You Can’t Identify Abnormal If You Don’t Know What's Normal
Although I am a physician who takes care of infants who are often critically ill, much of my research at the USDA/ARS Children’s Nutrition Research Center involves evaluating healthy infants and children. This may seem odd. Who cares about how healthy children are growing??? Feed ‘em (but don’t overdo it) and they’ll grow sounds like a good plan! So, it may not be easy to see why a physician specializing in caring for the sickest of babies focuses much of his research on healthy ones.
Yet, thoroughly understanding “normal” and “healthy” growth is absolutely essential to taking care of sick children, especially the nearly 20% (over 14 million children!) with special health care needs.
Let’s consider a baby who is born with a major heart problem such as hypoplastic left heart syndrome. This condition requires multiple cardiac surgeries over a period of years. Before and after our incredible cardiovascular surgeons begin the surgical intervention process in the early weeks of life, a nutritional plan needs to be developed so that the baby can grow and be ready for the next surgery and the ultimate goal of a functional, happy childhood.
Now, we have many factors to consider in determining the right nutritional advice and plan for this baby and his family. On the one hand we know that children with heart and lung problems may need extra calories due to their illness and extra work that is done by their heart and lungs. However, it isn’t always that simple. Many babies with chronic health conditions are less active than healthy babies which may decrease the amount of calories they need over time. Some babies with chronic illnesses may even become overweight, adding more stress to the heart and lungs. Furthermore, their heart or lung diseases may limit the amount of liquid (milk or formula) they can drink without overburdening them.
Frequently one critical barrier to growth in children with chronic illnesses is their appetite. They may just not be able to eat enough, or tire out before finishing a feeding. We work closely with experts in feeding, including occupational therapists and lactation consultants to solve these problems and determine the best approach to feeding each child on an individual basis.
Now, how does this relate to research on healthy children? Well, to provide the best advice for a baby with a problem like hypoplastic left heart syndrome, we need to really understand normal growth and its components. Breast milk is a perfect food for healthy babies, but infants who are not healthy may need both breast milk along with added protein or minerals to make up for their difficulty in tolerating a full volume of feedings or to ensure good growth. If we don’t understand the range of usual requirements for these nutrients in a healthy baby, we can’t determine how much to provide in these special circumstances.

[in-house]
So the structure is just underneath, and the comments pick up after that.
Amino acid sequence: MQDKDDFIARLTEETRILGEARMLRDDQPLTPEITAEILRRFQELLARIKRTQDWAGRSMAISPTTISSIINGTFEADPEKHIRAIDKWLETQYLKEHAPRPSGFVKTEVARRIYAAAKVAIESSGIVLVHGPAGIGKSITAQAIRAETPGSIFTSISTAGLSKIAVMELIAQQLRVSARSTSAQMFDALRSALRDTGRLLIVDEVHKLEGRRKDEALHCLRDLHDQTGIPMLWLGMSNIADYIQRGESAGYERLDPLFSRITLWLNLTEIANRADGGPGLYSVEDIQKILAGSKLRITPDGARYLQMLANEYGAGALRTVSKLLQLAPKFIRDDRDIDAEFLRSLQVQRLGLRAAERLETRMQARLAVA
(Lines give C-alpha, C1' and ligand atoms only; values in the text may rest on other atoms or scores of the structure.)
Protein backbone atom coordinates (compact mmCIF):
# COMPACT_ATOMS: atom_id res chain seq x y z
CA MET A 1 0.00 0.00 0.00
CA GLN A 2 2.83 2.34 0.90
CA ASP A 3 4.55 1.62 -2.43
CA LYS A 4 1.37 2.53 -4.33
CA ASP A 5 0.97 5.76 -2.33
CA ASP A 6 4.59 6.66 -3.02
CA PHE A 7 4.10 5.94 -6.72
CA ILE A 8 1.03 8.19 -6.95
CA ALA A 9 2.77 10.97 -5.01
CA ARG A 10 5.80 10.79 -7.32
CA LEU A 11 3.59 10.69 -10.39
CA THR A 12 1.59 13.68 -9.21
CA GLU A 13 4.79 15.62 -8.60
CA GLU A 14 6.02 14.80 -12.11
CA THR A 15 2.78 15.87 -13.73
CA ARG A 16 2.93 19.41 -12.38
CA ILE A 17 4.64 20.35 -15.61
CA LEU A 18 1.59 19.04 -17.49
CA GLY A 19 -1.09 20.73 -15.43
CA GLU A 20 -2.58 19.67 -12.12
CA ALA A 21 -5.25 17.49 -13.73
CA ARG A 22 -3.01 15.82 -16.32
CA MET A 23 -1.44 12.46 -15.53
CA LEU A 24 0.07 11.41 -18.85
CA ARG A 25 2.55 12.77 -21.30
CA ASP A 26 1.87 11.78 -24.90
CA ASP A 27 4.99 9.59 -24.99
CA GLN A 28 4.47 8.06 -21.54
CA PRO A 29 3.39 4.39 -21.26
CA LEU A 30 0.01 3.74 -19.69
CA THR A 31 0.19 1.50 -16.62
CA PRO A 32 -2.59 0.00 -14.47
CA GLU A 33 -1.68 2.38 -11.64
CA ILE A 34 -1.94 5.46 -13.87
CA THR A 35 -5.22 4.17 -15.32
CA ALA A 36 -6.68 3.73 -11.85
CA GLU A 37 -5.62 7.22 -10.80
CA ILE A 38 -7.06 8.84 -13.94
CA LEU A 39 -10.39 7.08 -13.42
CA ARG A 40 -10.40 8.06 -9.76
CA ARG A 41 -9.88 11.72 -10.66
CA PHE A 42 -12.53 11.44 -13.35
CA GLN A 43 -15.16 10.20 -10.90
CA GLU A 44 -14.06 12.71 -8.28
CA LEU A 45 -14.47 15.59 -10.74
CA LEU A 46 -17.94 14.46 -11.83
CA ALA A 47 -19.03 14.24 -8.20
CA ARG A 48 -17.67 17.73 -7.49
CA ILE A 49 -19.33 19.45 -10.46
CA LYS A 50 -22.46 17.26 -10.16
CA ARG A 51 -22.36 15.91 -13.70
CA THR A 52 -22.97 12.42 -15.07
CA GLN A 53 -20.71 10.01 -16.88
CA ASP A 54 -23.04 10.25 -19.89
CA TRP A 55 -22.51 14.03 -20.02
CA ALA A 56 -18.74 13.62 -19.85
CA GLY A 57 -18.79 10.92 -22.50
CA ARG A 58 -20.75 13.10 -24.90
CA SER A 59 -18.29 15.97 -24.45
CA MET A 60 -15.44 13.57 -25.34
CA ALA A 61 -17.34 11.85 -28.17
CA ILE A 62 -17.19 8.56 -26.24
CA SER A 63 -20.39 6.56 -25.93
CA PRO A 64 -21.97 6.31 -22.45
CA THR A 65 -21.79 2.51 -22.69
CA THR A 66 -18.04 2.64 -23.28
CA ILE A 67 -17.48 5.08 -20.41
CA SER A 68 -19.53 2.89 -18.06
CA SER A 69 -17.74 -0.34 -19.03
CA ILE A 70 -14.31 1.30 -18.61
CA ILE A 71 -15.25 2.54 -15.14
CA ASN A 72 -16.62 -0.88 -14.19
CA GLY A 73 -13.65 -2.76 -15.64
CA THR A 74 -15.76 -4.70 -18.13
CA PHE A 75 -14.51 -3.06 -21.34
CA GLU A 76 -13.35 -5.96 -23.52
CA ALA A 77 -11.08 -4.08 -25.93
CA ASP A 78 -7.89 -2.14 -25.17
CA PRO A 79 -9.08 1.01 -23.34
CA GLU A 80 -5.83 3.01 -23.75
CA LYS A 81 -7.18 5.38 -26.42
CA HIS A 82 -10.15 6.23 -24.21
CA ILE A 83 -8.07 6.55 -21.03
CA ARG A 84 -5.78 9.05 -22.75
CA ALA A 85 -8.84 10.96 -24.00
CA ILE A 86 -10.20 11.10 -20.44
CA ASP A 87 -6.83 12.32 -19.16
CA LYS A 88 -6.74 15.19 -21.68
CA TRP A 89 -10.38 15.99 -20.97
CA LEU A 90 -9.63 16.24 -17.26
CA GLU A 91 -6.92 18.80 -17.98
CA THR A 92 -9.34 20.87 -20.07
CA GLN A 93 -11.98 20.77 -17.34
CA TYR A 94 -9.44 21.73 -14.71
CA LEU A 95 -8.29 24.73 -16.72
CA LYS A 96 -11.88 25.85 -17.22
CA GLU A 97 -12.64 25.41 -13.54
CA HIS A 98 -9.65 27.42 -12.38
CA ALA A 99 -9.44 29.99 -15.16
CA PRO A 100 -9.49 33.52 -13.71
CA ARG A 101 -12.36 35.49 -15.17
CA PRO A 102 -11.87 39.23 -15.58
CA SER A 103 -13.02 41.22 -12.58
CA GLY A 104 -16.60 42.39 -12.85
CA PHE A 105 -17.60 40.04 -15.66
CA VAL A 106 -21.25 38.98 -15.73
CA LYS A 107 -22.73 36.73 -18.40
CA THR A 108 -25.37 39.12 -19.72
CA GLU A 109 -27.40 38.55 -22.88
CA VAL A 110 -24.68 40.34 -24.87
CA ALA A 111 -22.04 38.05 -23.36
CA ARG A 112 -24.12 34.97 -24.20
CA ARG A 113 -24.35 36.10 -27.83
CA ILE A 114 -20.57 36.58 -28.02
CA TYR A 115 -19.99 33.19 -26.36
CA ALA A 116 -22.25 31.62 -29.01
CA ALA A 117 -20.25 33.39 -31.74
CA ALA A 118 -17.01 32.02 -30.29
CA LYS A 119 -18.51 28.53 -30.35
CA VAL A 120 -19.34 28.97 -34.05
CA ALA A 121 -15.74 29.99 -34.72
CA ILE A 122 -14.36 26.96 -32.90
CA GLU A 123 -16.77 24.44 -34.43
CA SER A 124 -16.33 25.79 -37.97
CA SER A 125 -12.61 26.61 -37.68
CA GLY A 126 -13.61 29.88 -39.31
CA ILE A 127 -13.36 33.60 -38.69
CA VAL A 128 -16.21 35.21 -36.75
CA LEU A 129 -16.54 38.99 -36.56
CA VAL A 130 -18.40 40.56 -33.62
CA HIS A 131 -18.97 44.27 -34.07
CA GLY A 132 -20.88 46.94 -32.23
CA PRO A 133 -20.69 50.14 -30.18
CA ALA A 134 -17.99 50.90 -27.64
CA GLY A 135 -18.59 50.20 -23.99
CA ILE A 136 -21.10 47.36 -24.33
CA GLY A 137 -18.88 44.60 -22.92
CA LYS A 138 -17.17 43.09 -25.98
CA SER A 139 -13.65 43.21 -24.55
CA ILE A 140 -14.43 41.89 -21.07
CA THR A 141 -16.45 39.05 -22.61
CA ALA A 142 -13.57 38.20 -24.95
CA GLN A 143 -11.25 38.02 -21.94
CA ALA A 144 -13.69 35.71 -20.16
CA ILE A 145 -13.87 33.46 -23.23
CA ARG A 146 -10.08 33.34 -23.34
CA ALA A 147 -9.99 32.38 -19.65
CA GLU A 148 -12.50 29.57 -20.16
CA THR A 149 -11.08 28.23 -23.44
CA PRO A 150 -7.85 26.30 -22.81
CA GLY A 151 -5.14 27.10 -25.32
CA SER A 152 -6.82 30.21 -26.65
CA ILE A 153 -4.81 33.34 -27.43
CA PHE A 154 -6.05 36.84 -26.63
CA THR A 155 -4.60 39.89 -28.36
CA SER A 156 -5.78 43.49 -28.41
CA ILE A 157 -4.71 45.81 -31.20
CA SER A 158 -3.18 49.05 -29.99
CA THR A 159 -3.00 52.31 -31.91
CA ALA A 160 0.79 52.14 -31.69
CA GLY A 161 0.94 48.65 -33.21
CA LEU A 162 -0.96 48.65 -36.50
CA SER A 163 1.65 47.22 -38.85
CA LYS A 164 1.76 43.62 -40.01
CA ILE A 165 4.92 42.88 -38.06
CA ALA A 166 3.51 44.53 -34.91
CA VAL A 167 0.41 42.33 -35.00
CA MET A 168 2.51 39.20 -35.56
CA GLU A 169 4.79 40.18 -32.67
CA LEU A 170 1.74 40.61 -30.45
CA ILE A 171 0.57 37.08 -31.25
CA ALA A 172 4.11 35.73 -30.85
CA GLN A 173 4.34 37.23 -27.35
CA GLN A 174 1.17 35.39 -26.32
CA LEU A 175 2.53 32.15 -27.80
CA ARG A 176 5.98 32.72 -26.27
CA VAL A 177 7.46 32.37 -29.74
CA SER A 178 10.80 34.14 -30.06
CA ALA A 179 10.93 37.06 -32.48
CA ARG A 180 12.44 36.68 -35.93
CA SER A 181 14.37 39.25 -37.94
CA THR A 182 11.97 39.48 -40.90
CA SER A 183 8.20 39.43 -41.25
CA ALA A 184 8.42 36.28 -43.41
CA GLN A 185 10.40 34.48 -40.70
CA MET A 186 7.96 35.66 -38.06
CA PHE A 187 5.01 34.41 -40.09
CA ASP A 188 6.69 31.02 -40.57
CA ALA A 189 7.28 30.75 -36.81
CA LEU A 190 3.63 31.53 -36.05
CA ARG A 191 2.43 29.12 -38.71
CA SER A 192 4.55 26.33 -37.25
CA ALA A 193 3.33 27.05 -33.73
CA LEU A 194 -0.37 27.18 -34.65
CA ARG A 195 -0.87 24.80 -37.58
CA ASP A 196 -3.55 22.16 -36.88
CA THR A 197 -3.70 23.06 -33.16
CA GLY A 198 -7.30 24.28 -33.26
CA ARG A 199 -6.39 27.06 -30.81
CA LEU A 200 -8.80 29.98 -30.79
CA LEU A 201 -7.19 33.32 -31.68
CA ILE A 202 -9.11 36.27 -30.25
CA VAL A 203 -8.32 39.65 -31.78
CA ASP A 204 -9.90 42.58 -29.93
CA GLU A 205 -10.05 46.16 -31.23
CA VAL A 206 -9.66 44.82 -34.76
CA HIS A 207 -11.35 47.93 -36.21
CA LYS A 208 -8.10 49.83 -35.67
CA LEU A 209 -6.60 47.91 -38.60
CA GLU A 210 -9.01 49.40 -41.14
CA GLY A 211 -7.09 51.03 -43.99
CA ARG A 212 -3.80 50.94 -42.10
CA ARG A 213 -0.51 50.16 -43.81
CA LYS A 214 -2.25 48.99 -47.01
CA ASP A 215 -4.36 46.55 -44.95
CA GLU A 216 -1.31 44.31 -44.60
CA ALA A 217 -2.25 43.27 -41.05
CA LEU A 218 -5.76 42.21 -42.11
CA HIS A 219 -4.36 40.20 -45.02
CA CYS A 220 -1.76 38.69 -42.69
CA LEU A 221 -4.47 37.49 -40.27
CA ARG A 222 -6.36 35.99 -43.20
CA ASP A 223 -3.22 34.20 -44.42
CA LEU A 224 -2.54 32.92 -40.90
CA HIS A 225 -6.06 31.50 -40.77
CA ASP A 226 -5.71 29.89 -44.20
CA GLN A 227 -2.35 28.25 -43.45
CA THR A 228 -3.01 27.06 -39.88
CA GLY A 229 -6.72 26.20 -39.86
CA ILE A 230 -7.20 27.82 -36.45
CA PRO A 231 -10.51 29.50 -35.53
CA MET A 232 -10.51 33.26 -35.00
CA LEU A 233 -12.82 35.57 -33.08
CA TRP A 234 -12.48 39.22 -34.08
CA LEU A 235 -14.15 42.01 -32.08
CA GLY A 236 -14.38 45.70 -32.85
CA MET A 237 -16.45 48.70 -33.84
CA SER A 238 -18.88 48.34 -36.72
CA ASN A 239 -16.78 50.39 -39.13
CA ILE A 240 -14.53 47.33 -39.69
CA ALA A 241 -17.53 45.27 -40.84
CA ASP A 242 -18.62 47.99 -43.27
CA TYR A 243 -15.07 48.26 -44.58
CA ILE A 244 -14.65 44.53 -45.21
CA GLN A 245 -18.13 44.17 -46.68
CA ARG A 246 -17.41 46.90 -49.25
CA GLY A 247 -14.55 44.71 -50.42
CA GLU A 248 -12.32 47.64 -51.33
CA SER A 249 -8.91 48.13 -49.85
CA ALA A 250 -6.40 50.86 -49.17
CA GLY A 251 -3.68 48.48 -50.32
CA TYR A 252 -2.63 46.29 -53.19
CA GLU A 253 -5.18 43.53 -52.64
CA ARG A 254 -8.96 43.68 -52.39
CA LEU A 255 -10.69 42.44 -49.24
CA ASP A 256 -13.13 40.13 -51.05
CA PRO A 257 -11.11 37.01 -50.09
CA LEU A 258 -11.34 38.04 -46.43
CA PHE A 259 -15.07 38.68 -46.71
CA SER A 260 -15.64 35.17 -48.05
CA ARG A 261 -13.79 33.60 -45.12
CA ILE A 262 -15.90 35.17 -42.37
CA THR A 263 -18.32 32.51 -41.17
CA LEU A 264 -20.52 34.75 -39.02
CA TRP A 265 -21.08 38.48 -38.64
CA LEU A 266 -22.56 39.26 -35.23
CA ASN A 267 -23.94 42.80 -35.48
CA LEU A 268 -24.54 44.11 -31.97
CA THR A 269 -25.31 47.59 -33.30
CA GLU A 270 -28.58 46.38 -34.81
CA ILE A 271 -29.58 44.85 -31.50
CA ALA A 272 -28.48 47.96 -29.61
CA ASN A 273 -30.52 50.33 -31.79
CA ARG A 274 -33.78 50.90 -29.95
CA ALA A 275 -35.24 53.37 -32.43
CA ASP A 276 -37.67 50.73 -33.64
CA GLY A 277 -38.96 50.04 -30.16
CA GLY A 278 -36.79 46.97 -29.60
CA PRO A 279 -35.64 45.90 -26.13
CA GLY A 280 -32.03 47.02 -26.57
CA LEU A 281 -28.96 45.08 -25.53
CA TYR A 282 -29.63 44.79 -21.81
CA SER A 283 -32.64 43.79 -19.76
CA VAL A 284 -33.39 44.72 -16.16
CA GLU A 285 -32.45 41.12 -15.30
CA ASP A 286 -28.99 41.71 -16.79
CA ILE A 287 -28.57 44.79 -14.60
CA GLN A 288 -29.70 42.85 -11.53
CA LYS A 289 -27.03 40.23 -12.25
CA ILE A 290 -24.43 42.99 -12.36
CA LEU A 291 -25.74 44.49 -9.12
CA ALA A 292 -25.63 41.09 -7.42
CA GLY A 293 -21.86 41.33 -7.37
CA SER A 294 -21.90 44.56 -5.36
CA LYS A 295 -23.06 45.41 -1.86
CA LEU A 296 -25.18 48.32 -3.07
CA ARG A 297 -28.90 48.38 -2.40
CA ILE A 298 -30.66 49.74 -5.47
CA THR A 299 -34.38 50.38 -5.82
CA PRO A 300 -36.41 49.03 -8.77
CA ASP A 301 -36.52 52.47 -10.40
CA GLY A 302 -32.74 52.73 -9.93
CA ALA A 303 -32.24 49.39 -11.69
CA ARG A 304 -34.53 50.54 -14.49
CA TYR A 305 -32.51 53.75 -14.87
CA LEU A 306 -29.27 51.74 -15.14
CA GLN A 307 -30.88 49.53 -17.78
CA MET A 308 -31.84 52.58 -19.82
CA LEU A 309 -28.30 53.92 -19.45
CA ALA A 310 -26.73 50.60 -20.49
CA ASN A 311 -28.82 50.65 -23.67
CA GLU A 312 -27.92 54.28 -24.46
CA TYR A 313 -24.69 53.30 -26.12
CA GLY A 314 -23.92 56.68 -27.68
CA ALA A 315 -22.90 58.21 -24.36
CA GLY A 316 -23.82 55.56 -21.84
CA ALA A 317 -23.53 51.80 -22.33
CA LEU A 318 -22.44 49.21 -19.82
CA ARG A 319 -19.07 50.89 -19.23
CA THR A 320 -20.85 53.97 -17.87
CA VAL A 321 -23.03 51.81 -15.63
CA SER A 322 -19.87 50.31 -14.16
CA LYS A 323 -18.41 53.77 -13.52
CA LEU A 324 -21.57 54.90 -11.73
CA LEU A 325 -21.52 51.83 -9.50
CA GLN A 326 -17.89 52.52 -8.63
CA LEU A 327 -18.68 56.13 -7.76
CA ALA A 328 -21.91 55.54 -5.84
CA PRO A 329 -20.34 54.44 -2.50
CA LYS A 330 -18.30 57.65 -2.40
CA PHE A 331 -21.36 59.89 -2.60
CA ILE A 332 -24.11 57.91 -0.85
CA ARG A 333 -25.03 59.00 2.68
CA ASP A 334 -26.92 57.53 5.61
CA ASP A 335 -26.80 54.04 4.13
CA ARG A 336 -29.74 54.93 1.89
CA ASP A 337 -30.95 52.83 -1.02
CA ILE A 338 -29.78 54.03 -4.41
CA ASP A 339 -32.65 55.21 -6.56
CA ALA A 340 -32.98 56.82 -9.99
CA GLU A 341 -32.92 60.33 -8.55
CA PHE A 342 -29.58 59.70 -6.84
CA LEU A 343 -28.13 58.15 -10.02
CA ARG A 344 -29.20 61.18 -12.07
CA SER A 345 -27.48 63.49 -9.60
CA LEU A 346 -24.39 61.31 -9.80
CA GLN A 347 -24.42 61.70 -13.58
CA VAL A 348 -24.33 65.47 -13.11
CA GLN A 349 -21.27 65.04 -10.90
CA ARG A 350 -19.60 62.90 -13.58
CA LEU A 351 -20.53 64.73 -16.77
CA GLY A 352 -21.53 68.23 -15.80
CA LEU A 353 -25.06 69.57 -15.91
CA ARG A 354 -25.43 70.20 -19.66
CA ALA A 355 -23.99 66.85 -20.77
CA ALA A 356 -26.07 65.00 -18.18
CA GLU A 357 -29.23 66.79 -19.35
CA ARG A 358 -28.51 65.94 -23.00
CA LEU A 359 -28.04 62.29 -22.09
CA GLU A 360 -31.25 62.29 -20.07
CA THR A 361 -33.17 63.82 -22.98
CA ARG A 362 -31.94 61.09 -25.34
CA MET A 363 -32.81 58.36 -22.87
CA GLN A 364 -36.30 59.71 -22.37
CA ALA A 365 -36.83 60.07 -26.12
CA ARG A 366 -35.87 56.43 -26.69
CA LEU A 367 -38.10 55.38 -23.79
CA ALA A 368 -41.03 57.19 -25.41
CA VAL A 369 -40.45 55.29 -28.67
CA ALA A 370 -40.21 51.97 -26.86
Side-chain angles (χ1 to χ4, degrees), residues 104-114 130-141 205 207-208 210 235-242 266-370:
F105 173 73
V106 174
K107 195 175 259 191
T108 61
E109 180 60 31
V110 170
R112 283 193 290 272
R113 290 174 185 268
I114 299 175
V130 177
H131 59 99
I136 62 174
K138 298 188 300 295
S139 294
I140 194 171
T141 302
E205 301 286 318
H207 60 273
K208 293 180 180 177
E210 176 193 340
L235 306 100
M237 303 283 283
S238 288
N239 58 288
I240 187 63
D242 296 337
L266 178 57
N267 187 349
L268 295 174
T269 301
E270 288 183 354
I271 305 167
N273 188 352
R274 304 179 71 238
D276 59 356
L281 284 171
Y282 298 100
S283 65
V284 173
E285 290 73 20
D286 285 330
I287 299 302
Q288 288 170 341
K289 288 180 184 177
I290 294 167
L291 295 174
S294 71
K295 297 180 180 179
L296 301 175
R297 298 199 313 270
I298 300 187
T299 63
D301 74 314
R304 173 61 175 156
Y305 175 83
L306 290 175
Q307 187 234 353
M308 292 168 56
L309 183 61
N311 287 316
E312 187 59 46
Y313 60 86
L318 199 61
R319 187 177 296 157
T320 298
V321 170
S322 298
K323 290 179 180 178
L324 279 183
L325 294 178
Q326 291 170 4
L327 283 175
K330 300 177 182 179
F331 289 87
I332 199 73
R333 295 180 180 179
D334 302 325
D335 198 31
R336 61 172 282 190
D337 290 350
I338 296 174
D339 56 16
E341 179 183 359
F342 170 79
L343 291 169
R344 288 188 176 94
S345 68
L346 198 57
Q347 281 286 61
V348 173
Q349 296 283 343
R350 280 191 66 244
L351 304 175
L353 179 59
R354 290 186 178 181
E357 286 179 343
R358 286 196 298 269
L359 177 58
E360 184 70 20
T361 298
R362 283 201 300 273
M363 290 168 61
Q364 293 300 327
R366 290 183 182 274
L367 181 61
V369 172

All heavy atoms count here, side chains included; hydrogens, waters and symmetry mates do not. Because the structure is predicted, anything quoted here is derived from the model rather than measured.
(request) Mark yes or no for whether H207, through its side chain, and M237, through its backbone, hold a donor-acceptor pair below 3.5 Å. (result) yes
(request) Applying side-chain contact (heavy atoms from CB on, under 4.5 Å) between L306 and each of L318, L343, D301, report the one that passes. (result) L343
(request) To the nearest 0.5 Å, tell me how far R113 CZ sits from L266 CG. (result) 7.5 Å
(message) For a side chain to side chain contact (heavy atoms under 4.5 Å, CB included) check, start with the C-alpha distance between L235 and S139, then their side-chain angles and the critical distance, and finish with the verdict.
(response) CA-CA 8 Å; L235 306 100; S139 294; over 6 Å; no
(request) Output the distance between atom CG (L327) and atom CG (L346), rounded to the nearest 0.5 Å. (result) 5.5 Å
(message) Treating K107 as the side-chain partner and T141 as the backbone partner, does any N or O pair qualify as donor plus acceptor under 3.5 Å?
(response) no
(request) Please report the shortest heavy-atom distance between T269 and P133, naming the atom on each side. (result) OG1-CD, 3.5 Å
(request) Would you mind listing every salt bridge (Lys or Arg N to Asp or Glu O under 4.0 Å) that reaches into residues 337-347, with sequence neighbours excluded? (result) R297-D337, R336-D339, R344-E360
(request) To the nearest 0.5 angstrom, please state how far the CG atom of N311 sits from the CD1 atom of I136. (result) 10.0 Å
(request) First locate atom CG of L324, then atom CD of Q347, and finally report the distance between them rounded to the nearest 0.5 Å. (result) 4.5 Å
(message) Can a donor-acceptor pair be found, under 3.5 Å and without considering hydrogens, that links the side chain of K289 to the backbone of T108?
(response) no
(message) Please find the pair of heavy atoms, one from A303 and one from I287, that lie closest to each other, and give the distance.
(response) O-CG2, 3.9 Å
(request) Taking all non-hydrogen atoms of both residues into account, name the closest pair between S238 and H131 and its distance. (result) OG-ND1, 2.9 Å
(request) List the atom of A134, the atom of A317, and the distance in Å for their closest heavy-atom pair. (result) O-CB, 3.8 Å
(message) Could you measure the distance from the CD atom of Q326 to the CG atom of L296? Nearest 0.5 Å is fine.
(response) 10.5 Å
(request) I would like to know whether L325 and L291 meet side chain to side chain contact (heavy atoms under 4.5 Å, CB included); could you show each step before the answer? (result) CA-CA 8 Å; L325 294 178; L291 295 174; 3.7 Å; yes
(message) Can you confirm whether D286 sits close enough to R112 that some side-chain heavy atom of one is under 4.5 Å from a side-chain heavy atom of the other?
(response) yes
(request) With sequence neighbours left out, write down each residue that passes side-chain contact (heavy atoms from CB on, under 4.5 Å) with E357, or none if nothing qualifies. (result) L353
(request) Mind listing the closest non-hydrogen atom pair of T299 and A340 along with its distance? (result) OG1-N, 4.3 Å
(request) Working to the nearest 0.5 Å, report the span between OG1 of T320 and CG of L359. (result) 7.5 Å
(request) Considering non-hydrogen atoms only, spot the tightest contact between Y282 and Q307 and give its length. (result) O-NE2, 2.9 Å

Instead of just focusing on weight gain, we need to be certain that a child is growing muscle, brain and bone as they would if they did not have a chronic illness. Sometimes this isn’t possible, but we’d like to come close and understand where we need to work on “catching up” when it becomes possible. We need to make sure they are receiving and absorbing micronutrients such as iron, zinc and calcium needed for bone and body growth. For example, not enough zinc in the diet can cause poor growth and diminish the appetite of children. On the other hand, too much zinc in the diet can compete with other minerals like iron so that not enough of the other nutrients are absorbed. This can lead to anemia and poorer developmental outcomes. It’s not always simple to balance these needs, especially in a situation in which food intake is limited or nutrient absorption is abnormal.
I have focused my research at the USDA/ARS Children’s Nutrition Research Center on evaluating dietary minerals, their absorption, their effects on growth in healthy children and at times, doing comparison studies with groups of children with chronic illnesses. We study the best forms of minerals to optimize absorption, how these minerals are tolerated, and what happens when the diet is low in minerals, vitamins or energy. Armed with these data, scientists and physicians can work together with our dietitians to plan diets, discuss options with families, and help children with chronic illnesses not just survive, but thrive.